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Follow this Seattle scientist as he's injected for coronavirus vaccine project

caption: The coronavirus that causes COVID-19 is seen in yellow, emerging from cells (in blue and pink) cultured in the lab. This image is from a scanning electron microscope.
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The coronavirus that causes COVID-19 is seen in yellow, emerging from cells (in blue and pink) cultured in the lab. This image is from a scanning electron microscope.

Ian Haydon of Seattle is part of a project to develop an experimental coronavirus vaccine. He got his first injection on Wednesday morning.

The vaccine is being developed by a Boston-based company called Moderna. It involves the use of a molecule called messenger RNA to try to prompt the body's immune system to fight the virus.

Haydon himself is a trained scientist and science writer. He works as a communication manager at the Institute for Protein Design at the University of Washington, which itself also develops vaccines.

“It's a little bit like getting ready to go on a big trip where, you know, you've been thinking about this thing and counting down the days and then all the sudden it's upon you,” Haydon said.

Typically, a vaccine works by injecting either an entire virus that’s been killed or a piece of a virus into a healthy person. The idea is for the immune system to recognize and respond to the disease by creating antibodies, proteins found in the blood that help fight bacteria, viruses, and other antigens.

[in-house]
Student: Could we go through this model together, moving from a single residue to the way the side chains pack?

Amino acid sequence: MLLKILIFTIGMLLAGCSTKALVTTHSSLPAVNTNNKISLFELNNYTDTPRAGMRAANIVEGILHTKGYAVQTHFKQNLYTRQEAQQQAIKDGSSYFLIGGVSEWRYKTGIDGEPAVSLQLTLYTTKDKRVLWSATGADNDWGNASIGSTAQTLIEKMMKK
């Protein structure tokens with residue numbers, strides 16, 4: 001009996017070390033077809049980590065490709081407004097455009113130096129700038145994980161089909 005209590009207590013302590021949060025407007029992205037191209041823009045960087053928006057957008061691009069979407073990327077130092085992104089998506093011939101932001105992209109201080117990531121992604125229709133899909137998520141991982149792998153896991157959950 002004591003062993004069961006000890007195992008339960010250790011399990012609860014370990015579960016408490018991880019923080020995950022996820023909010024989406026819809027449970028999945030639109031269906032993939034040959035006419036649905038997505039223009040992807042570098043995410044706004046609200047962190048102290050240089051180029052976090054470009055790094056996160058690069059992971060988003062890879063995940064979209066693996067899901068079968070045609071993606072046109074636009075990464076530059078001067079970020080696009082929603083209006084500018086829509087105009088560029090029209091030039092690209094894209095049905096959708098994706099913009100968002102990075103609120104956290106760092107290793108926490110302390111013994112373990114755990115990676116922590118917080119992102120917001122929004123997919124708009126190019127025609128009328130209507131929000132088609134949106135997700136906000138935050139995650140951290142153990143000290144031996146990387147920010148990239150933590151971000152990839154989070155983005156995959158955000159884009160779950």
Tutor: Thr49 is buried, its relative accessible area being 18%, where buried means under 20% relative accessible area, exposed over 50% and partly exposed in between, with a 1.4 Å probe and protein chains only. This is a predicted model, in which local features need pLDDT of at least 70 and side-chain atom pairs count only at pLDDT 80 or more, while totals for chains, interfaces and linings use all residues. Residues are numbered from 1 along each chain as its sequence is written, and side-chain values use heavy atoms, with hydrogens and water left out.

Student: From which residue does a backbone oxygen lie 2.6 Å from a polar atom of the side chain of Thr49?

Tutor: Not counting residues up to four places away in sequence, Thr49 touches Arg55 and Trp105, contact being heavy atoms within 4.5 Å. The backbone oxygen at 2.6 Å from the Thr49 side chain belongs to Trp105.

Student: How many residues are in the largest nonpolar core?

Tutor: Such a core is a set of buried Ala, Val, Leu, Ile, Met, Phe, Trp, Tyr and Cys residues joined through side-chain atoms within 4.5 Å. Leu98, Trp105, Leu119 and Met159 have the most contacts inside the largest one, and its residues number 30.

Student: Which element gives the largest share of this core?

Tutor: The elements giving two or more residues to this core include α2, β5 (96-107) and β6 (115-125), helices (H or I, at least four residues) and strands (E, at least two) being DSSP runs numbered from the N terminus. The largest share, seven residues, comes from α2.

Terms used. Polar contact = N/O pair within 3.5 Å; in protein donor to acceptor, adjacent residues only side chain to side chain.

But Moderna’s Covid-19 vaccine is much different.

“What I'll actually be receiving is a little snippet of the virus's genetic code,” Haydon said. “In this case, a single MRNA, molecule messenger RNA, and that genetic code is going to hopefully enter my cells and temporarily instruct them to make one of the proteins from the virus.”

The intention, he added, is for this immune system to react to the proteins by making antibodies that would be protective against the real virus.

The same MRNA technology is being used in clinical testing for other diseases, though the platform hasn’t yielded any licensed vaccines.

Haydon said the side effects currently associated with being injected with the experimental vaccine aren’t serious in the long run, but some have reported pain or redness at the injection site, and headaches. But, “those effects, which usually last just about a day, can be severe,” he added.

Additionally, it’s not exactly clear yet what impact the coronavirus — and therefore, the vaccine — have on the immune system.

“So in very rare cases, an experimental vaccine can actually make infection worse where your body does produce antibodies, but those make it easier for the virus to infect you rather than blocking infection,” Haydon said.

“So that's one of the things that clinical trials for any coronavirus vaccine are going to have to evaluate. And it's one of the reasons why you can't just rush a promising vaccine out of the laboratory and start giving it to a lot of people.”

Haydon is currently participating in the first phase of the study, which he said is merely the first step in a long process. It’s the later phases of the clinical trial that will yield more clear answers about the vaccine.

“It's not just safety that's being evaluated, but it's efficacy of the vaccine as well.”

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